COVID-19 vaccinations for children: when separated parents disagree

Jonathan Statham

09 Dec 2021

Topics

  • Family Law

With vaccinations currently dominating the media, it’s only fitting that we add fuel to the fire by discussing it further in the context of a recent family law decision before the Federal Circuit Court of Australia.

In Makinen & Taube [2021] FCCA 1878 (16 August 2021), Judge Taglieri heard a father’s application seeking sole parental responsibility in relation to vaccinating his children, aged 12 and eight years.

The mother’s evidence

The mother opposed the application, as she did not want the children being vaccinated against any disease. In support of this, she relied on:

  • The Australian Immunisation Handbook
  • Research in relation to ‘the harm vaccinations can bring to children’
  • Medical literature from France
  • Various studies dealing with the negative impact of vaccines on the immune systems of children and adults.

Regarding the Australian Immunisation Handbook, the mother relied on a specific statement; ‘it is usually not possible to predict whether an individual group will react to a vaccine, or whether a reaction will be mild to serious.’ In her view, this raised doubt in relation to how safe it was for her children to be vaccinated.

The Independent Children’s Lawyer

The children were legally represented by an Independent Children’s Lawyer (ICL). The ICL relied upon health advice from the Federal Government, as well as the Family Report (‘the Report’) in reaching their view.

The Family Report

The Report stated there was no evidence to show that children were at an increased risk of being vaccinated. Further, it stated that the mother’s failure to vaccinate the children was inconsistent with the recommendations of the government.

No expert medical evidence

Notably, neither party engaged a medical expert to assess the particular circumstances of the children, their individual health and condition, including whether they may suffer allergies or, for example, autoimmune conditions.

COVID-19

In these circumstances, her Honour took notice of the following points:

  • COVID-19 is a disease affecting adults and children that causes personal suffering and illness and, at worst, death.
  • It is a contagious disease (particularly the Delta strain).
  • These facts have been regularly broadcasted to the Australian public by State and Commonwealth government health officers since 2019 and are common knowledge.
  • The Commonwealth government’s recommendations about vaccinations were based on publications from widely known, reputable and leading scientific and medical journals.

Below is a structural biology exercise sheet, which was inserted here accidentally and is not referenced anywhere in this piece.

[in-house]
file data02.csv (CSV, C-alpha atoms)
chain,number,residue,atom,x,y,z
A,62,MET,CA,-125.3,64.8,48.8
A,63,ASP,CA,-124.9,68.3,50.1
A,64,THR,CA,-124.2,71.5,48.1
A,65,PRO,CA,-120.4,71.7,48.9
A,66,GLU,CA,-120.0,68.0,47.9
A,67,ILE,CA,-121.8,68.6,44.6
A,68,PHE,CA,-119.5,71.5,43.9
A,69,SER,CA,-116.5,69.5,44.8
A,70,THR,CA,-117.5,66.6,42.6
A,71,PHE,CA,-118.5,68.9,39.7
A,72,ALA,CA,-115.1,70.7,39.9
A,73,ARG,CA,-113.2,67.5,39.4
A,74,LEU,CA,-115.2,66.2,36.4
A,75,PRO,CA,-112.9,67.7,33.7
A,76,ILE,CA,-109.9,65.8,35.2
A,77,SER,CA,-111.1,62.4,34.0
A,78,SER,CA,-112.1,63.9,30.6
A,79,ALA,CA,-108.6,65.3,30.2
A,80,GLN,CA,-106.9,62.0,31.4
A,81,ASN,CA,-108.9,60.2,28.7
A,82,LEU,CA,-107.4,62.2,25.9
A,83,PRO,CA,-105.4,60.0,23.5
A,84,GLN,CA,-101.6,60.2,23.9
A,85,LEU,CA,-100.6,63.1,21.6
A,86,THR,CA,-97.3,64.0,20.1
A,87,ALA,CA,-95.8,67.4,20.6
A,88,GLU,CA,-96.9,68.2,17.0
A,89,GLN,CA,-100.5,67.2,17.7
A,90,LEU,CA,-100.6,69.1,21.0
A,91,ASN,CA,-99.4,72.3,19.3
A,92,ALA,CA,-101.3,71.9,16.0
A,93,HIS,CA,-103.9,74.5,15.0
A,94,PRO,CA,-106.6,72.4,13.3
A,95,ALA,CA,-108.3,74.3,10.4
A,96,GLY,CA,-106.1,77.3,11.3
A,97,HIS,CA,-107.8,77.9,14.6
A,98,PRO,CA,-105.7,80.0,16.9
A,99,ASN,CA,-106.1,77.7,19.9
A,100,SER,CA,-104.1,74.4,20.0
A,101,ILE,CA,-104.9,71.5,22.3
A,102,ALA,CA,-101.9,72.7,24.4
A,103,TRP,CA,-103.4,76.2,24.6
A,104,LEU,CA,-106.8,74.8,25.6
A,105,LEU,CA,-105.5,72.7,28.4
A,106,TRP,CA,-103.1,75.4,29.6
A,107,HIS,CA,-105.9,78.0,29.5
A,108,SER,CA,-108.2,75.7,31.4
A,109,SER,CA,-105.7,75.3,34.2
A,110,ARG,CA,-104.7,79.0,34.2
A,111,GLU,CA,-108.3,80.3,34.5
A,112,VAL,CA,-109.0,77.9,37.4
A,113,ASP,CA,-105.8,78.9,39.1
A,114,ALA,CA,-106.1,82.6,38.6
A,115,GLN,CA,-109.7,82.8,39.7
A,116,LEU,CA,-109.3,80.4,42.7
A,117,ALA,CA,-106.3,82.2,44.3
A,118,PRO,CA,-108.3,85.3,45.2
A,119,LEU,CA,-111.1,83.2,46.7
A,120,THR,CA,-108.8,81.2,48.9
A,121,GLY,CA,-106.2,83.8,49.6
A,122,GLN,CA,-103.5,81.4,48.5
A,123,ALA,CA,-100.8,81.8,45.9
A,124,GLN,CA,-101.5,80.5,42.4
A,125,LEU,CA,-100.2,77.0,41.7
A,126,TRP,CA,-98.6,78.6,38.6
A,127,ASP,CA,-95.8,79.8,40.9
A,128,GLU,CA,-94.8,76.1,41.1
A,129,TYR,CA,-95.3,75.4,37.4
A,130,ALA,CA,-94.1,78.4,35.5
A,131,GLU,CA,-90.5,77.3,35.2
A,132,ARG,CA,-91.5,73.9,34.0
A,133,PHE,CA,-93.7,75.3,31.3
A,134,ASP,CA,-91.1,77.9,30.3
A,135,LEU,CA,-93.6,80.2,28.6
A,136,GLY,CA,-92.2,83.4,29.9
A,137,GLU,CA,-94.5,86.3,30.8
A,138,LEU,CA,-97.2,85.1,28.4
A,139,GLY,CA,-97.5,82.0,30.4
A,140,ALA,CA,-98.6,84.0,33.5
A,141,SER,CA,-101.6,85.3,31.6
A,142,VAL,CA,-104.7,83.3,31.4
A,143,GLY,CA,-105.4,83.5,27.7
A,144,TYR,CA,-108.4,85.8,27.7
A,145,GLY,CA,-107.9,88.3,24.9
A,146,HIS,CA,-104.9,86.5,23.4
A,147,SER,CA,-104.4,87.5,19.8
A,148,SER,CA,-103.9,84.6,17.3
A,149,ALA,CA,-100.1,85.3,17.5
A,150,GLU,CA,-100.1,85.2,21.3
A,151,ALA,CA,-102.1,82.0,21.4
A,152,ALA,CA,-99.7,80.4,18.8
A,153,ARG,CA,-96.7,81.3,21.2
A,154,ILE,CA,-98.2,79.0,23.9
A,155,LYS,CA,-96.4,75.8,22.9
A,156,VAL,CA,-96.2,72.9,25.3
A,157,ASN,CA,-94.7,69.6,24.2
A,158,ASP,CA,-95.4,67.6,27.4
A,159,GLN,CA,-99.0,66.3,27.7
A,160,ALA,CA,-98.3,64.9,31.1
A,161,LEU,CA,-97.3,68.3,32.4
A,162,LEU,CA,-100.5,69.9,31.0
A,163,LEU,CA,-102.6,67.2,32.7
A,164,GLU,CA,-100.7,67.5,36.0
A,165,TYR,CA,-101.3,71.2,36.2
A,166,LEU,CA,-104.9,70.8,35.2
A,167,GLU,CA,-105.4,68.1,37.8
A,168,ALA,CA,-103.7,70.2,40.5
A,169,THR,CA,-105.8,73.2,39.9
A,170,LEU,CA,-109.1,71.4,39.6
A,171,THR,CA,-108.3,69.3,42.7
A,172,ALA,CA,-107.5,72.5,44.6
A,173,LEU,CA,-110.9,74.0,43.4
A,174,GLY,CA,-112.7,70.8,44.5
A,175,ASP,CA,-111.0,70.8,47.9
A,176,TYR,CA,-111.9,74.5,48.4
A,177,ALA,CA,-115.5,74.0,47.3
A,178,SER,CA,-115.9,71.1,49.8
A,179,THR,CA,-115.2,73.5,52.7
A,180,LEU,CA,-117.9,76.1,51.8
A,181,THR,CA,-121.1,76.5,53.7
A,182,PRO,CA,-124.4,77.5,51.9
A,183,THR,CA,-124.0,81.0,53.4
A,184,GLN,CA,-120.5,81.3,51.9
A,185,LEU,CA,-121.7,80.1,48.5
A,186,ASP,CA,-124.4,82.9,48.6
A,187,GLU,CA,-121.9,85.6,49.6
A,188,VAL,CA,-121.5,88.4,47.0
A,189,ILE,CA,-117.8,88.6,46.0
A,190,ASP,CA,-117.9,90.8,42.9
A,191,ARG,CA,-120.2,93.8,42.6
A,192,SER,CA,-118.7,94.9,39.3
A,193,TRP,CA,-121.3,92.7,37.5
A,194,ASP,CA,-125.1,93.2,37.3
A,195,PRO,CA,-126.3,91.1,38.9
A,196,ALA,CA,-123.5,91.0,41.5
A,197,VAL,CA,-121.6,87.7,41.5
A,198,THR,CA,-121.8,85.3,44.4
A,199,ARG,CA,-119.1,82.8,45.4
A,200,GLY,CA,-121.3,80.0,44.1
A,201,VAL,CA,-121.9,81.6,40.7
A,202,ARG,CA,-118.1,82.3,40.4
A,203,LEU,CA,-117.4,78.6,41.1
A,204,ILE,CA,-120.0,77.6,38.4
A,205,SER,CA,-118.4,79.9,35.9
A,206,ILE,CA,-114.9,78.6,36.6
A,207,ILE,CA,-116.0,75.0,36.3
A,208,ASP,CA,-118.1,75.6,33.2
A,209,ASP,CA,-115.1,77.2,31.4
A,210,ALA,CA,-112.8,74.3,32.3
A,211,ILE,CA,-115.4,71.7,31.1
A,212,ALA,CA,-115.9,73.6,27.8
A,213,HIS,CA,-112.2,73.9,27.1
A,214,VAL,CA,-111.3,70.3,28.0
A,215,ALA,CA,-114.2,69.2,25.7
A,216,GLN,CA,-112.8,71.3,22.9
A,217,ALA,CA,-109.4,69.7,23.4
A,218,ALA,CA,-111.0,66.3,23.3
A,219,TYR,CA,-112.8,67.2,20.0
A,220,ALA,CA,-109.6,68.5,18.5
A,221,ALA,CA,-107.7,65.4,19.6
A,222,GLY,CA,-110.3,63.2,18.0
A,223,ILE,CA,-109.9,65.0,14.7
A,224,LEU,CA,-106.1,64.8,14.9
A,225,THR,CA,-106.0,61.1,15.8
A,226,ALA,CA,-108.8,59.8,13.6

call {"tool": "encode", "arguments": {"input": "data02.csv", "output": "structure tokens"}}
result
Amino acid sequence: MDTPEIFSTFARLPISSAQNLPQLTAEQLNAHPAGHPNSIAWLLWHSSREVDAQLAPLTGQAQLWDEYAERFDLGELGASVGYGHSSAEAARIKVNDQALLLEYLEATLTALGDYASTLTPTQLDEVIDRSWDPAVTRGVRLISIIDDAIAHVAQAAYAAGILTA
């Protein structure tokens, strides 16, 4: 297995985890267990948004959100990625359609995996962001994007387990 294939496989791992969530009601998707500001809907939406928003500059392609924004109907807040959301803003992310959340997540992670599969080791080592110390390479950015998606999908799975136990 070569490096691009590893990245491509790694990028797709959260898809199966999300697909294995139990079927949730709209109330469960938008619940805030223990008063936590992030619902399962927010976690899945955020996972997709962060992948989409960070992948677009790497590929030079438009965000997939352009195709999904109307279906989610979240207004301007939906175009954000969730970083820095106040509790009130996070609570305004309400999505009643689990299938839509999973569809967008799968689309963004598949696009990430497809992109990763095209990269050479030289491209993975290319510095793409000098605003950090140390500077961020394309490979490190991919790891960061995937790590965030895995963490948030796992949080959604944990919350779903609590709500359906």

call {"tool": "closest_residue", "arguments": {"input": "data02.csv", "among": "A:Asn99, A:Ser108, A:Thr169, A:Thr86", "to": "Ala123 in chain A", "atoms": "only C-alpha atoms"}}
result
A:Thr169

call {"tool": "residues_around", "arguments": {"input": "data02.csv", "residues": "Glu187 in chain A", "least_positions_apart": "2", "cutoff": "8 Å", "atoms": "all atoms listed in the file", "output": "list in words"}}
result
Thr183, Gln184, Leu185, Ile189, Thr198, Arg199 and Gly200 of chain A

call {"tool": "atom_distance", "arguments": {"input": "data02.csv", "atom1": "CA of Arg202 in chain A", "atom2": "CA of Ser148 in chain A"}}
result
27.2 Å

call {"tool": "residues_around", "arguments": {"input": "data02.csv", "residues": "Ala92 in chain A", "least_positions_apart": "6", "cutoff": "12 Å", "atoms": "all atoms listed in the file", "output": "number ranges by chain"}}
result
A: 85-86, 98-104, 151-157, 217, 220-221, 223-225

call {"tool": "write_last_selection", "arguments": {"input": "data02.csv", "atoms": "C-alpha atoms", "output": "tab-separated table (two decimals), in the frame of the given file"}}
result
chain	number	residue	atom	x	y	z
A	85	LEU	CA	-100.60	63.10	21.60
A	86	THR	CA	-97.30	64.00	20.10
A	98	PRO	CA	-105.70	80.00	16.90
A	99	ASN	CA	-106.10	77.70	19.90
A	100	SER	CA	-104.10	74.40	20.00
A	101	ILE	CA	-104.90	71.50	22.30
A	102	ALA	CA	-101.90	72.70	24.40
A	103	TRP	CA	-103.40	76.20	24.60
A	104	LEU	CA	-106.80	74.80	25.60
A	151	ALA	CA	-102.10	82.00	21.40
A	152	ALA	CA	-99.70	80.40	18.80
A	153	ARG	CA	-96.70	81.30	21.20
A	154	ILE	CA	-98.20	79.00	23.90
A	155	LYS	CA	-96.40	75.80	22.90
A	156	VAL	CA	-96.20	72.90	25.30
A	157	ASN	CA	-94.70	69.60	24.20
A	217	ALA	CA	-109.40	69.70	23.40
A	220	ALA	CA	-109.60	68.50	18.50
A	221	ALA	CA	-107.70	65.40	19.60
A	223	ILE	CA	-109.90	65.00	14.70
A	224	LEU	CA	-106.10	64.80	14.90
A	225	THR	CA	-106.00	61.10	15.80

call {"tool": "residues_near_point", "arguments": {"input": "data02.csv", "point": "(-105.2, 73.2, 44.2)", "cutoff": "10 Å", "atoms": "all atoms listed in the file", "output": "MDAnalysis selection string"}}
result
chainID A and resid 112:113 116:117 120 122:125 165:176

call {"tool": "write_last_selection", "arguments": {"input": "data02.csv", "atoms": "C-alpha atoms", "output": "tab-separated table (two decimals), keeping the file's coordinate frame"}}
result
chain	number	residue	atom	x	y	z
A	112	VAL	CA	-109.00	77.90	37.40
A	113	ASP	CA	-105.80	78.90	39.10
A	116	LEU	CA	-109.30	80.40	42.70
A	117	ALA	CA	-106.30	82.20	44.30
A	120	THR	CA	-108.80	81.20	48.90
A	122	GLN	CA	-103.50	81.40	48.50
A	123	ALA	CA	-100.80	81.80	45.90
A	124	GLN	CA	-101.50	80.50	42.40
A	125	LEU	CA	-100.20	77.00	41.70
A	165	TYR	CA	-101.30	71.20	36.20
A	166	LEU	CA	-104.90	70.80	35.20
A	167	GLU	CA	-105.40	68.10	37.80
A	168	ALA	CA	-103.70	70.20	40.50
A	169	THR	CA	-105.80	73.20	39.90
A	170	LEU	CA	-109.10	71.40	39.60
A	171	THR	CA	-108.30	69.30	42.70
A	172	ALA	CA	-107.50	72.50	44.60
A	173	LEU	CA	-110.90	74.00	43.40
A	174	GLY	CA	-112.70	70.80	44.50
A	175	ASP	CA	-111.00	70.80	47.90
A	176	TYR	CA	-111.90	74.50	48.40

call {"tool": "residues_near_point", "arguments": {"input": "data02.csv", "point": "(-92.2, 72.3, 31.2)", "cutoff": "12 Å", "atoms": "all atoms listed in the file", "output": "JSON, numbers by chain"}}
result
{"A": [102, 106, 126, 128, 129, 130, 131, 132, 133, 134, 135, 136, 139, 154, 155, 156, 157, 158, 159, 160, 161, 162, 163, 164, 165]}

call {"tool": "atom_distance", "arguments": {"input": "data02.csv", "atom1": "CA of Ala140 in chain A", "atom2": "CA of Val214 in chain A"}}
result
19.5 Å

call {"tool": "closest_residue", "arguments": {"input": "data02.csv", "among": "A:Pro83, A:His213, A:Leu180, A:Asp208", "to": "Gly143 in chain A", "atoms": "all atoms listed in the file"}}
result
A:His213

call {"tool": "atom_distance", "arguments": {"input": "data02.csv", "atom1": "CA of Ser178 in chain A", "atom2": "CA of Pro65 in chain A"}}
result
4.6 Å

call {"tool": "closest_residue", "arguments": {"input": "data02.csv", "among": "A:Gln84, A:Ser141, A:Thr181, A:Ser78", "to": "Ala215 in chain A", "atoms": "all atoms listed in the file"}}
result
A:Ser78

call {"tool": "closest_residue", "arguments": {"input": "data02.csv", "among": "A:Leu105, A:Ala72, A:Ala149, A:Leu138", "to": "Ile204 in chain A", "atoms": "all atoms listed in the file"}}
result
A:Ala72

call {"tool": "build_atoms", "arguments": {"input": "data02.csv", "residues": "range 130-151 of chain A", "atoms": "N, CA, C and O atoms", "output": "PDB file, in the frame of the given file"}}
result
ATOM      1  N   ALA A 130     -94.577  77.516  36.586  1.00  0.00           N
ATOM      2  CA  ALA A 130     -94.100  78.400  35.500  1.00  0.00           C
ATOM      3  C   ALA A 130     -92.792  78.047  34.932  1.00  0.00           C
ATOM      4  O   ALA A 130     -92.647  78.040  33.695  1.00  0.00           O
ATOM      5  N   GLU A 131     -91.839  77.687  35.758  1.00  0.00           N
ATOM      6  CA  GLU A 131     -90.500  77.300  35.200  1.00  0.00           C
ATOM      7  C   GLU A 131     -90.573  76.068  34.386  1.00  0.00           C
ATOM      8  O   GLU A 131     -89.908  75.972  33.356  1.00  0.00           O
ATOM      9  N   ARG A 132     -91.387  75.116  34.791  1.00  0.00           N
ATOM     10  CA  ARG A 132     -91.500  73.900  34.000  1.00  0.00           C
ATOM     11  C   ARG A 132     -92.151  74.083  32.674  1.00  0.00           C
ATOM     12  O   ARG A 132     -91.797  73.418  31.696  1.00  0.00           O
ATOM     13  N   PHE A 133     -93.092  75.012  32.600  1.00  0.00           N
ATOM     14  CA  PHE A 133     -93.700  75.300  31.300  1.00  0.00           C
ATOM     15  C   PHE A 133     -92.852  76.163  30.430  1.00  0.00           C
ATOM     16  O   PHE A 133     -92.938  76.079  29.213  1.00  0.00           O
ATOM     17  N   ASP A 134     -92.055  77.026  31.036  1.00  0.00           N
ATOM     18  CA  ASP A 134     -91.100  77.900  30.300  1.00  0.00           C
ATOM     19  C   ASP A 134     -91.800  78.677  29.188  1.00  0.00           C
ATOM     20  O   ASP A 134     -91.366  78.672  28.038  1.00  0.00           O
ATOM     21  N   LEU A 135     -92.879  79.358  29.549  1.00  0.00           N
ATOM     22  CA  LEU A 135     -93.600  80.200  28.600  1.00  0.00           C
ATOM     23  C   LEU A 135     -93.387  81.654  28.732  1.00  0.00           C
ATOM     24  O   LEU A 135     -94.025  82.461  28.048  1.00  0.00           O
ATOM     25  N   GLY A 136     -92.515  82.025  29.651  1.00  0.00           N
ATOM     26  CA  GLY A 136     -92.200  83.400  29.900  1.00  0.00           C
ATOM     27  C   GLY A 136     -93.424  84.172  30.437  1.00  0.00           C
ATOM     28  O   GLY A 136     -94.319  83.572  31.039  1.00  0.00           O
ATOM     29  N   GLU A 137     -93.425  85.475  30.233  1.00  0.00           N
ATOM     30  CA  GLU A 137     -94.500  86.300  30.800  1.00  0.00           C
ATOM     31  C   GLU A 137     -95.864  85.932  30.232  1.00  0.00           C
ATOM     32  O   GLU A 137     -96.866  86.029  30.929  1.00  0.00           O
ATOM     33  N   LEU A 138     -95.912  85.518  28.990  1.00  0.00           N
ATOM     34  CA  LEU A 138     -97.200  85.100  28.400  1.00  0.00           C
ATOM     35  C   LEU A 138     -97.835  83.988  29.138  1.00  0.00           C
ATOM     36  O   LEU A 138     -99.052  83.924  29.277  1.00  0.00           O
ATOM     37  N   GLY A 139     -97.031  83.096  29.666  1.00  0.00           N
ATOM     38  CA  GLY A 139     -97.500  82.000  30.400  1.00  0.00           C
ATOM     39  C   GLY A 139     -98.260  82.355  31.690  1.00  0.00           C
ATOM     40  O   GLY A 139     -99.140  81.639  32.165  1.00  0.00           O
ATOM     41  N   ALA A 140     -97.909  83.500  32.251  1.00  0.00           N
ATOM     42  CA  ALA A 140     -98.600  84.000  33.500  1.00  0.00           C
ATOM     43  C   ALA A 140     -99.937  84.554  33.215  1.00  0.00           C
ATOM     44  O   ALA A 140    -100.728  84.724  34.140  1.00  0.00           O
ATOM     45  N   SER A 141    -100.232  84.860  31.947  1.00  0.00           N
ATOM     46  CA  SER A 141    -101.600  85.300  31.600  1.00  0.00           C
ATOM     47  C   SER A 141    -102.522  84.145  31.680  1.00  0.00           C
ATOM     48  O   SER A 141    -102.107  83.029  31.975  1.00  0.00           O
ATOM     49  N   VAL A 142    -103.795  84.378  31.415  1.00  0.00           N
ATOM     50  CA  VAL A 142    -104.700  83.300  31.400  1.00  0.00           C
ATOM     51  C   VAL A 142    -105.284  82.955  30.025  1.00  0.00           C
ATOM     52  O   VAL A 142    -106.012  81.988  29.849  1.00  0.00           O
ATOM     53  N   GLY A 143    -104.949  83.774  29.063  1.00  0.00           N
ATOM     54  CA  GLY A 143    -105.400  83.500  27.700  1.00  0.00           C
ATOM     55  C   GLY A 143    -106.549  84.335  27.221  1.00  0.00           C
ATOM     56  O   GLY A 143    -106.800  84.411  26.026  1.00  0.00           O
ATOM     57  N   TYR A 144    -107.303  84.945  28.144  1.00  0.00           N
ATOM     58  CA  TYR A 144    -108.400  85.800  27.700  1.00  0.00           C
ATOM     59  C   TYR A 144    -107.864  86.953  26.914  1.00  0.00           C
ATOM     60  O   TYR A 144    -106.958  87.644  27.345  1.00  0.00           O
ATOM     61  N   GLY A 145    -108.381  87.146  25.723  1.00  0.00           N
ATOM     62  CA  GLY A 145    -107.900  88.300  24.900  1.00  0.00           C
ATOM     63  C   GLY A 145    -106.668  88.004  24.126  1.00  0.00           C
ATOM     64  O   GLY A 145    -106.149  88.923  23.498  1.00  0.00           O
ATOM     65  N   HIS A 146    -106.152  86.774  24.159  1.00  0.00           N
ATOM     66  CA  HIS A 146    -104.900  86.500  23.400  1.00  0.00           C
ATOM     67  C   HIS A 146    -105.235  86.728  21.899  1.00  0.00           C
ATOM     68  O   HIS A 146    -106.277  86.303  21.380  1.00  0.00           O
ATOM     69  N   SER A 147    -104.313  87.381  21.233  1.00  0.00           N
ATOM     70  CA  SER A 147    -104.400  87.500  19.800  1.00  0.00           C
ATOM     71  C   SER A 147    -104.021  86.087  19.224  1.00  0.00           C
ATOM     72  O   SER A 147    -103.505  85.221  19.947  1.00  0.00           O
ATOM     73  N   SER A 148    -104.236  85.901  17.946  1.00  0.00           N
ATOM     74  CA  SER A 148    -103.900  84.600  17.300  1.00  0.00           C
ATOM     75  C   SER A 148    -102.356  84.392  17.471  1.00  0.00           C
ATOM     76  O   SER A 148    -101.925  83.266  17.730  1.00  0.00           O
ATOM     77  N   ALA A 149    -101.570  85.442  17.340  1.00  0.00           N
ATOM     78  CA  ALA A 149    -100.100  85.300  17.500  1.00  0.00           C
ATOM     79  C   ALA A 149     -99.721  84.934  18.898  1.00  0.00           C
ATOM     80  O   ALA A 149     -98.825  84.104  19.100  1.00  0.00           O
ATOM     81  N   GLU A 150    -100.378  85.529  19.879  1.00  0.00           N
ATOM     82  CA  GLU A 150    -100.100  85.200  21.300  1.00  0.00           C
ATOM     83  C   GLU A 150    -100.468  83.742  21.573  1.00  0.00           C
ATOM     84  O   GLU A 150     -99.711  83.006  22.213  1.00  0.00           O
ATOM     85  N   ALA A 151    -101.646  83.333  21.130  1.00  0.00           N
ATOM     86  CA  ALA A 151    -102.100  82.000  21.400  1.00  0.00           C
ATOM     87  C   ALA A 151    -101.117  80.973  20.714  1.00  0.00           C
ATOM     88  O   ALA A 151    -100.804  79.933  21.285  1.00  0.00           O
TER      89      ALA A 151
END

Judge Taglieri took judicial notice of the source of the advice being from the World Health Organization (WHO), the United Nations body responsible for international public health.

Decision

Judge Taglieri did not consider it appropriate to order that a particular vaccination be given to the children. As the father was likely to heed medical advice about vaccinations, however, Judge Taglieri deemed it appropriate for the father to have sole parental responsibility in relation to vaccinating the children.

This decision was made in circumstances where:

  • There was no expert medical evidence addressed at the specific needs of the children as it pertained to vaccinations.
  • The literature relied upon by the mother did not support the view generally that her children should not be vaccinated against any disease because vaccines were harmful to them.
  • The mother did not provide any evidence about the risk of adverse outcomes being greater than the risk of the children contracting any particular disease that vaccination was likely to prevent.
  • The literature forming the basis for the Australian Immunisation Handbook held greater weight than the opinions expressed in the articles and literature relied upon by the mother.
  • The evidence relied upon by the mother simply identified a potential for adverse outcomes in certain cohorts when vaccinated.

Key message

If you do not want your children to receive vaccinations, consider expert medical evidence which proves that:

  • Your child is likely to suffer an adverse reaction due to vaccination
  • The risk of an adverse outcome is greater than the risk of contracting the disease which the vaccination is likely to prevent.

How can we help?

Should you require advice or legal representation in relation to disputes about vaccinating your children against COVID-19, please don’t hesitate to contact our Family Law Team on 02 6285 8000 or by email.